We Are That We Are – Theism, Spiritualism, Naturalism and a Path to Spiritual Existentialism

Review by Chris G.

If you have read some popular books explaining philosophy and science, particularly modern physics and evolution, and have thought about how the information you have read relates to your own beliefs, you should enjoy this book very much. If you have not yet dipped into that wonderful body of knowledge, but would like to, this is an excellent starting point. An if on top of that you are an alcoholic with problems about the religion in AA, you really, really should give this a go.

There is science in this book, lots of it. But it is not the difficult science of equations, but rather the concepts that are important, and they are well explained and easy to understand. Don’t be frightened off just because it is “science”. If you have not read much in science, this is a great opportunity to start.

Personally, I was amazed in the first couple of chapters that the author and I have been reading the same books and thinking along the same lines for several years. So this review is undoubted biased, as I feel so aligned to the author’s ideas that it is almost a review of my own journey. His scholarship in keeping all this straight and organized and writing it down in such detail is, to me, amazing.

Mr. Troe takes us through the main thoughts of several philosophers, gives a synopsis of his own beliefs over the years, and an insight into his experiences with Alcoholics Anonymous. Then it is off to physics, quantum and macro, the elegant logic of emergent theories, Bayesian thinking, domains of applicability, time, evolution, and the question of consciousness. All of these subjects, for me as for him, have had a profound impact on my world-view, especially with regard to religion and my existence in the world.

Available as either a paperback or an eBook. Click on the image to access it on Amazon.

A great deal of the book, maybe more than half, is made up of quotations from his sources – there are 274 footnotes. This at first looks cumbersome, but he does it so very well that it works. He asks the reader several times to please, go read the sources…and having read many of them, I fully agree. The whole bibliography is daunting, but a few books are key.  Major sources, in the science area, are Carlo Rovelli’s The Order of Time, and Reality Is Not What It Seems: The Journey to Quantum Gravity, and Sean Carroll’s The Big Picture: On the Origins of Life, Meaning, and the Universe Itself, (both are excellent; I have read them). I’ve not read D. C Dennett’s From Bacteria to Bach and Back: The Evolution of Mind, nor Michael S. Gazzaniga’s Consciousness Instinct: Unraveling the Mystery of How the Brain Makes the Mind, but now I am about to.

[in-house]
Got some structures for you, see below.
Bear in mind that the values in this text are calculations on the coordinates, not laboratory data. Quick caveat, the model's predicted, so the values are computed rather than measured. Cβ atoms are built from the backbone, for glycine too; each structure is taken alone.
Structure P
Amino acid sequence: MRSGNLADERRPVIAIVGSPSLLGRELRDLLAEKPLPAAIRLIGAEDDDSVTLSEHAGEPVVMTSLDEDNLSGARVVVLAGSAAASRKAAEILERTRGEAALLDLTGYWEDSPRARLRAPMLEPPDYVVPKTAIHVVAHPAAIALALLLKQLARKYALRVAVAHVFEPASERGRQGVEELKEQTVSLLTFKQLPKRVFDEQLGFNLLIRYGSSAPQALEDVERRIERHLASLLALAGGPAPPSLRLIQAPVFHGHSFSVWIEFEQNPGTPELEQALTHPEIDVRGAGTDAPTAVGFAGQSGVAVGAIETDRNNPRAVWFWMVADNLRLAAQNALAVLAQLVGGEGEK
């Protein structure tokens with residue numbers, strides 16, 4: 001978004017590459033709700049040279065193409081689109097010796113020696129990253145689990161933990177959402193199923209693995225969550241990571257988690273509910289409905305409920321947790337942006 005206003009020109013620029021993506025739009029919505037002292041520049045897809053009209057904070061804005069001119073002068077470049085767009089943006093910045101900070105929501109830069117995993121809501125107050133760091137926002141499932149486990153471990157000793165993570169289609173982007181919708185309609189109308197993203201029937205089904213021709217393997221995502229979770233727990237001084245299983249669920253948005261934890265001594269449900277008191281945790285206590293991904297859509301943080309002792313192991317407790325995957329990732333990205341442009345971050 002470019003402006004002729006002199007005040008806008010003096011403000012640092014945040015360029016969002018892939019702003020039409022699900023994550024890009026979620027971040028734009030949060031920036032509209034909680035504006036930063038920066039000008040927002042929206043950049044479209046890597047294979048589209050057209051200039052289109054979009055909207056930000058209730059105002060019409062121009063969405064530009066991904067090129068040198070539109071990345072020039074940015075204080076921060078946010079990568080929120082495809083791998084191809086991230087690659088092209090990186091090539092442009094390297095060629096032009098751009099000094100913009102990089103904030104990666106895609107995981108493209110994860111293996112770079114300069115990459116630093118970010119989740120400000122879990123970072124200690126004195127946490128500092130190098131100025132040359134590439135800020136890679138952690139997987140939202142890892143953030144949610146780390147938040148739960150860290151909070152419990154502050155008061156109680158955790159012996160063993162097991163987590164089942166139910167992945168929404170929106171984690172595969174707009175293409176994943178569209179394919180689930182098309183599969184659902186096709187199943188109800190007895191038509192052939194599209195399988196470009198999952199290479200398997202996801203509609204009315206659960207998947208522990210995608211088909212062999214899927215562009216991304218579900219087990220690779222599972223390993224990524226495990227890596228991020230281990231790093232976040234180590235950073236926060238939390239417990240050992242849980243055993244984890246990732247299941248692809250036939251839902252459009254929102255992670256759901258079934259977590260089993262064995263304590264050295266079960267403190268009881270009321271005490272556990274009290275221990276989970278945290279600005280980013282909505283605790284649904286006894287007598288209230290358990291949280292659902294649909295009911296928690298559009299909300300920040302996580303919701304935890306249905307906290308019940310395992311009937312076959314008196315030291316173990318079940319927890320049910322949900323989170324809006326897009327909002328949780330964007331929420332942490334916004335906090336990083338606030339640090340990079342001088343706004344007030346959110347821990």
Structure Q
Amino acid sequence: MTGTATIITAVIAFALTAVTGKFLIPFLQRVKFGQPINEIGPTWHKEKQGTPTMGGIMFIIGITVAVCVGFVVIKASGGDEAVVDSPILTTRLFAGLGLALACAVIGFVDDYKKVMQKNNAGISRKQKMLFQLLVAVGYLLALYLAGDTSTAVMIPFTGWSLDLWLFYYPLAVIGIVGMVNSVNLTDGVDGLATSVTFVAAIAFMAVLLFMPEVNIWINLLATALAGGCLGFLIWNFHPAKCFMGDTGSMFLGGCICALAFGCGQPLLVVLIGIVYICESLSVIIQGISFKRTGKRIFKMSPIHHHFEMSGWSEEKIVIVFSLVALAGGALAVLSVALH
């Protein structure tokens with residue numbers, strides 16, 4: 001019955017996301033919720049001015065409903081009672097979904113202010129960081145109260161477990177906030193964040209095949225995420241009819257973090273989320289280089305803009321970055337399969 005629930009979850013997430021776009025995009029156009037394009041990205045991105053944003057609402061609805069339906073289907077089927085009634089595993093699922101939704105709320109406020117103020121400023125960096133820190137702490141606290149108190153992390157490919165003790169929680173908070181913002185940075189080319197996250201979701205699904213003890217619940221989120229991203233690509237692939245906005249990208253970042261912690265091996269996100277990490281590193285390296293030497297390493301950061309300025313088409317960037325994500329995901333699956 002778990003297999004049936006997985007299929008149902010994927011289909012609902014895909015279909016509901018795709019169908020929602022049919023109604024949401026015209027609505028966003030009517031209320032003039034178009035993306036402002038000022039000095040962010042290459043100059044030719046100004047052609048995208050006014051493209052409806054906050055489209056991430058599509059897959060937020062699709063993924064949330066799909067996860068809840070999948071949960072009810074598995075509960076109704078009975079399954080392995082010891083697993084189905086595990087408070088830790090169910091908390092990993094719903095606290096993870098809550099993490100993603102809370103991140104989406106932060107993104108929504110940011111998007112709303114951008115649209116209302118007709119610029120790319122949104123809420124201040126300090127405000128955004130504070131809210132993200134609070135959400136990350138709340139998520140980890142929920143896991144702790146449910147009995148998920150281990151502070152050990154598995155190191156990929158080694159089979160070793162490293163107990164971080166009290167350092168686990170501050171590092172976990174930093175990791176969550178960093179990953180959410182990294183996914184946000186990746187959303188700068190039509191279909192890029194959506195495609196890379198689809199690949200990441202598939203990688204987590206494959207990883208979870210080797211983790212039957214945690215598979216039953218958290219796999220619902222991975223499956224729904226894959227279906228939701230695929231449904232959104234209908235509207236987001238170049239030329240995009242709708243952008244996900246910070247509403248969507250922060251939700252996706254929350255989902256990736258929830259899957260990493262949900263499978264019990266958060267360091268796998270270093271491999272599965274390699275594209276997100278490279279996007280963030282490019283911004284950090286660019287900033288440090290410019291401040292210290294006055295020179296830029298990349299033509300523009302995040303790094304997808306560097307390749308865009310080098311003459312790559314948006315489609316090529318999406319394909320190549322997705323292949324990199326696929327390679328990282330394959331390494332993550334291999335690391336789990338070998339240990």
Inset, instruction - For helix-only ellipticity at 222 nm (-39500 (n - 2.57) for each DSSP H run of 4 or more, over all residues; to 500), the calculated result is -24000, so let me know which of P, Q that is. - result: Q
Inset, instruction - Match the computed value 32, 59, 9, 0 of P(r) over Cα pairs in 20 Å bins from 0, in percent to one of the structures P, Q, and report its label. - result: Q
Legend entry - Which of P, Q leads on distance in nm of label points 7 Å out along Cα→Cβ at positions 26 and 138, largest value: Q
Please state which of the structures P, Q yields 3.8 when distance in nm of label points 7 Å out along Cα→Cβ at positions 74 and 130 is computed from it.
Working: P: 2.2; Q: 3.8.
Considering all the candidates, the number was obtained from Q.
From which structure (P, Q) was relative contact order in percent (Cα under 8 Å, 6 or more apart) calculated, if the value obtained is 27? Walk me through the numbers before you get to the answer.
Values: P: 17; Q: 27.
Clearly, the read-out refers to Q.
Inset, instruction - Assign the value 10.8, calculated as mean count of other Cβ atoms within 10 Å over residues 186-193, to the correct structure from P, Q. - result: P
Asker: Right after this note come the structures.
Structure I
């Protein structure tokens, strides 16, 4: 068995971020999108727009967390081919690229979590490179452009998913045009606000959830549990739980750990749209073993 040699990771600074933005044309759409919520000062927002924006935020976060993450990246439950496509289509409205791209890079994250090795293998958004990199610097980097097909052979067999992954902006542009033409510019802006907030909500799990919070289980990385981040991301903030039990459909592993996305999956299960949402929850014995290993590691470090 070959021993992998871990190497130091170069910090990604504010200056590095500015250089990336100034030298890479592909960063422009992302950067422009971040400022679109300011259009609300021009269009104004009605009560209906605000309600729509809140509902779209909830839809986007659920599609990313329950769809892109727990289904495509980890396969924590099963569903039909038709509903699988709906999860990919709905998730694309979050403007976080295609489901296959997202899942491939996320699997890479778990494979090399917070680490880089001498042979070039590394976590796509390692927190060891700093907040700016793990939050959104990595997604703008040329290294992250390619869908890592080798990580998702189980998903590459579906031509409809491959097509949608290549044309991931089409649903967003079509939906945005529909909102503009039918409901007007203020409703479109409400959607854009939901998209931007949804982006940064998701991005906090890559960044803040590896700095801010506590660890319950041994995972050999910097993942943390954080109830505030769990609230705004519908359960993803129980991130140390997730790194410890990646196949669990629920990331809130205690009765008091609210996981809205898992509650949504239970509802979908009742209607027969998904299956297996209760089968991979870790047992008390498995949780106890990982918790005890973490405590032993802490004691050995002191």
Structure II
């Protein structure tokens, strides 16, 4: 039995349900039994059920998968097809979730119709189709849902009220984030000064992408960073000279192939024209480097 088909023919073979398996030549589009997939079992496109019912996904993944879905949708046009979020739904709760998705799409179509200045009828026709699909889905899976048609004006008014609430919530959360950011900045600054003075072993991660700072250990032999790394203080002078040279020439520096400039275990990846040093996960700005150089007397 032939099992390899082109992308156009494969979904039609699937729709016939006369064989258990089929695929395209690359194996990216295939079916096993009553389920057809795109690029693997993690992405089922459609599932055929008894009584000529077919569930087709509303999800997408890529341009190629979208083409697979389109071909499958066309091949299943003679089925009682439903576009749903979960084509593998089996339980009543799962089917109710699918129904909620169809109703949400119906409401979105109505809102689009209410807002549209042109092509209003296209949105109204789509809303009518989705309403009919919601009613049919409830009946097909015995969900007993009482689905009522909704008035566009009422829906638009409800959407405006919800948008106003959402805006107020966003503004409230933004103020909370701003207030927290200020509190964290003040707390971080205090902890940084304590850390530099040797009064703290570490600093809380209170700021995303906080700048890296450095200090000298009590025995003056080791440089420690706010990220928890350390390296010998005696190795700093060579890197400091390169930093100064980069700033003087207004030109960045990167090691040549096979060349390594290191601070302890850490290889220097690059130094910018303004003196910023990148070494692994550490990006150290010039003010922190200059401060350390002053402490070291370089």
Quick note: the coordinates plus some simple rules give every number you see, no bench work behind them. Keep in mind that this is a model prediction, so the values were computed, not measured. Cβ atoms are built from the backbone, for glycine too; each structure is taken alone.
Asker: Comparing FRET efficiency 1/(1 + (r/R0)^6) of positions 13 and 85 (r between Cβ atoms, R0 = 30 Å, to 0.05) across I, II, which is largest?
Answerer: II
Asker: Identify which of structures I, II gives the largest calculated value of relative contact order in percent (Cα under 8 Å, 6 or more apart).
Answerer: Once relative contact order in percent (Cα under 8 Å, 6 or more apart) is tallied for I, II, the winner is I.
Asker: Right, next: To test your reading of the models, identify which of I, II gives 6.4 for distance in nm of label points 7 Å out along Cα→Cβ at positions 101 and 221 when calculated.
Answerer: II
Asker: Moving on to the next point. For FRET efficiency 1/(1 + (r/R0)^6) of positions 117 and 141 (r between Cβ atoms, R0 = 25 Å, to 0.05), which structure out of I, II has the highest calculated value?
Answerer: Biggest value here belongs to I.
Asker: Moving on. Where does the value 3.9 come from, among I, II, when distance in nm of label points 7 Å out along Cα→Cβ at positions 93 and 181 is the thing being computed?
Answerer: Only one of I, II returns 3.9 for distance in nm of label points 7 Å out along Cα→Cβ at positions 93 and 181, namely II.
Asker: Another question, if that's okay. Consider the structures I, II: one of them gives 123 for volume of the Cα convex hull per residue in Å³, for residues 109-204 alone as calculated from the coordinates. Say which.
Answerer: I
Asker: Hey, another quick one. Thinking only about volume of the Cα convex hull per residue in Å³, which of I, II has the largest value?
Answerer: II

Before Troe gets into the science he does do a strange thing. Chapter 10 consists of a series of essays he wrote some years ago. He still likes a lot of what he wrote, but each now has, according to his current thinking, a flaw: some reliance on an “everything god” or a “non-random force”. The problem for the reader is that she has to go to the Appendix at the end of each essay to get a discussion of the change. This is a bit trying, but I found it worth the effort in the end. In fact, re-reading the Appendix after finishing the book is worthwhile.

I will pick and choose a few of the key concepts from the book, just to give a flavour. To try and summarize everything would be to re-write the book. Everything here is surrounded by deep and rich discussion:

Existentialism: “For myself, I will stick to the basics of freedom to define the essence of humanity in a universe in which there is no predetermined or supernaturally imposed nature of humanity, together with responsibility for individuals’ choices. Such a universe is indeed one in which freedom and responsibility may evoke a sense of anxiety, but the antidote is to embrace the truth and attempt to make choices the consequences of which are to facilitate the freedom of all other individuals and to deal with one’s own consciousness of mortality.”